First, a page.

Violent Crime Control and Law Enforcement Act of 1994
Law Enforcement and Violent Crime Control Act of 1994
The arms of government be it the executive or legislature or the judiciary have various roles in policy making in the U.S. During passing of the Law Enforcement and Violent Crime Control Act of 1994, the three arms of government had roles in its passing. Usually, the legislature drafts and comes up with the policies, the executive among which there is the president consents the bill and the judiciary interprets the law.
Law Enforcement and Violent Crime Control Act of 1994 has a subsection referred to as the recreational firearms use protection and the public safety act, where ban on the manufacturing of certain assault weapons for civilians. These weapons are usually the semi-automatic guns. The U.S congress passed the bill in a sitting where claims that civilians possessed dangerous firearms and that police were resulting in violent actions with suspects.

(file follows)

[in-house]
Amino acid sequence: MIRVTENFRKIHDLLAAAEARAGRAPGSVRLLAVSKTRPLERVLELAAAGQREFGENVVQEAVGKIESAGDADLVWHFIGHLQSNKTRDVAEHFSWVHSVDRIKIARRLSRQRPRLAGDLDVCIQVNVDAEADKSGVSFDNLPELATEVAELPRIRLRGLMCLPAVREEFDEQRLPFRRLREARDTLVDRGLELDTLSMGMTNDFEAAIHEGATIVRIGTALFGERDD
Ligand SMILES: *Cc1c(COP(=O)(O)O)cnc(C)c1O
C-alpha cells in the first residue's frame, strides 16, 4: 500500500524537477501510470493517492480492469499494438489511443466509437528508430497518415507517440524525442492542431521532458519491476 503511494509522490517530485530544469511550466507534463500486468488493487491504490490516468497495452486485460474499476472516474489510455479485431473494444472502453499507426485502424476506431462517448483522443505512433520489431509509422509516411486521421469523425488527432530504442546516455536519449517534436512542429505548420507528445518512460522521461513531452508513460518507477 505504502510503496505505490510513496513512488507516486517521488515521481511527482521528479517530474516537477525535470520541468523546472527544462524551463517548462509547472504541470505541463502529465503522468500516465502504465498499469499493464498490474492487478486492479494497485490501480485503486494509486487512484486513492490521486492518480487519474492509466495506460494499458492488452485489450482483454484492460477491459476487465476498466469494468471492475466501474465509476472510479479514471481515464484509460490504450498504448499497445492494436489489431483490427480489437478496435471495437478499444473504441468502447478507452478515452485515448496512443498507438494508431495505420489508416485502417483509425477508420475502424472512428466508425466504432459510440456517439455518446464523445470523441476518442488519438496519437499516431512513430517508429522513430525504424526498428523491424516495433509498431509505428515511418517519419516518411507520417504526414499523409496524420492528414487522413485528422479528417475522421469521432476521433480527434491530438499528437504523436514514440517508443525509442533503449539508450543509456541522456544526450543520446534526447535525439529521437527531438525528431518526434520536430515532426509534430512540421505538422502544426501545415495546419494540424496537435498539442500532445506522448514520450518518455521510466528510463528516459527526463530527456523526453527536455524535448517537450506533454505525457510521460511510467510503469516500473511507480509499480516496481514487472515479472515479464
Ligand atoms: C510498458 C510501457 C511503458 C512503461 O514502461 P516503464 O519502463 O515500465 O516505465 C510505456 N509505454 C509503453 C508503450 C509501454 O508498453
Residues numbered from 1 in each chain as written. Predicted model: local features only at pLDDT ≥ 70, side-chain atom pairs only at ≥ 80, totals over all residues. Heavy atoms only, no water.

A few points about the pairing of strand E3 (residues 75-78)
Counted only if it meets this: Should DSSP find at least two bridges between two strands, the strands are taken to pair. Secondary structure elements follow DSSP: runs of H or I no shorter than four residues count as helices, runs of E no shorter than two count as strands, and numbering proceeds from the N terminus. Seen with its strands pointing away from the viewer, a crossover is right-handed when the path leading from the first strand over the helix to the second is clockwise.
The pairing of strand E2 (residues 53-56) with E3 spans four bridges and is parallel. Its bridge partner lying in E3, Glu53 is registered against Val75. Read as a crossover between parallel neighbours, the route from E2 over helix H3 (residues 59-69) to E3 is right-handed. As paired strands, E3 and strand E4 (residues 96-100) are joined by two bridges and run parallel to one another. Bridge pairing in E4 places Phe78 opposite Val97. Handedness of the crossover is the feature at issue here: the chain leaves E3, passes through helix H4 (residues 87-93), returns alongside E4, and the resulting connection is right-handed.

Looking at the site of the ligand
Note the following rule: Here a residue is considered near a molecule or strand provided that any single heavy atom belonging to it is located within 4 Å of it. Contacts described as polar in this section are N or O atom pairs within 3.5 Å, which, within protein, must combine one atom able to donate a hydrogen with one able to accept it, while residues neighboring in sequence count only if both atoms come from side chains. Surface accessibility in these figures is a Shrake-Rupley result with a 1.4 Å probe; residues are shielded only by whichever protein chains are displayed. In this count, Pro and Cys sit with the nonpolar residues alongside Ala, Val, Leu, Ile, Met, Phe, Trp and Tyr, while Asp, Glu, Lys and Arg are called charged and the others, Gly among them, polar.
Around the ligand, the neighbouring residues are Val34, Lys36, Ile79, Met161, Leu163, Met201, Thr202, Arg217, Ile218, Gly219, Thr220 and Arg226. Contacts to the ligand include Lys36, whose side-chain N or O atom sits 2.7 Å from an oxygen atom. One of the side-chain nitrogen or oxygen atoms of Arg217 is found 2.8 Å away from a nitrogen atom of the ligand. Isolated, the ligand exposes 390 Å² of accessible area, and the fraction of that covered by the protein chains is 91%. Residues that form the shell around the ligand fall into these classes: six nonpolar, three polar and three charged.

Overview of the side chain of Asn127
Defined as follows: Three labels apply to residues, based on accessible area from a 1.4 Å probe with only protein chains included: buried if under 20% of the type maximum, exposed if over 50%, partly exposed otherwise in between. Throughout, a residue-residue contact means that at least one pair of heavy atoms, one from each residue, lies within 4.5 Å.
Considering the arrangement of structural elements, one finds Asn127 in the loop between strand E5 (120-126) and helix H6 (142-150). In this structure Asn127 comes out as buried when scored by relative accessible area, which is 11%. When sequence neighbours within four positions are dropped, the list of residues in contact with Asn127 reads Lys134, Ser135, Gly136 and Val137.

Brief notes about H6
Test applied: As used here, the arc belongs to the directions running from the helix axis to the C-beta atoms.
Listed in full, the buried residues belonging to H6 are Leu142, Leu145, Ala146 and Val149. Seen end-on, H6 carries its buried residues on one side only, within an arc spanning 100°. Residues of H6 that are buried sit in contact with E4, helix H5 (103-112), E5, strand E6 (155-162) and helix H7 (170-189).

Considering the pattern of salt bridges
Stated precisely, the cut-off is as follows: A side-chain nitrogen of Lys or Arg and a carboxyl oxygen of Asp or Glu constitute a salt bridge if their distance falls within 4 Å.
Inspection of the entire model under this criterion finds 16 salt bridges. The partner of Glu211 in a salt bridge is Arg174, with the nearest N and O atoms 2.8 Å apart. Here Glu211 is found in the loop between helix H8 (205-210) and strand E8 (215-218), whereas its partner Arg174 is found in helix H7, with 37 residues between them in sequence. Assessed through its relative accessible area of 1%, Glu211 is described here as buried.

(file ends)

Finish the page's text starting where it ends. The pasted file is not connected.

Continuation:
The executive made consent to the bill where the then president of the United States of America, Bill Clinton signed the bill into law. Majority of the American citizens supported the bill but some individuals were against the bill. They took measures to petition the ruling. Various attempts were made in the court of law to petition. Quite a lot of constitutional trials were filled against the provisions of the ban.
The judiciary banned and refused to consent the trials. Several attempts were also made to renew the bill that the judiciary failed to effect too. The action of the judiciary ensured possession of semi-automated firearms was not allowed and remained prohibited thus ensuring reduced mass shooting and use of fire arms. The president’s consent put the bill into law.
Law Center to Prevent Gun Violence,. (2015). Assault Weapons Policy Summary. Retrieved 20 March 2015, from http://smartgunlaws.org/assault-weapons-policy-summary/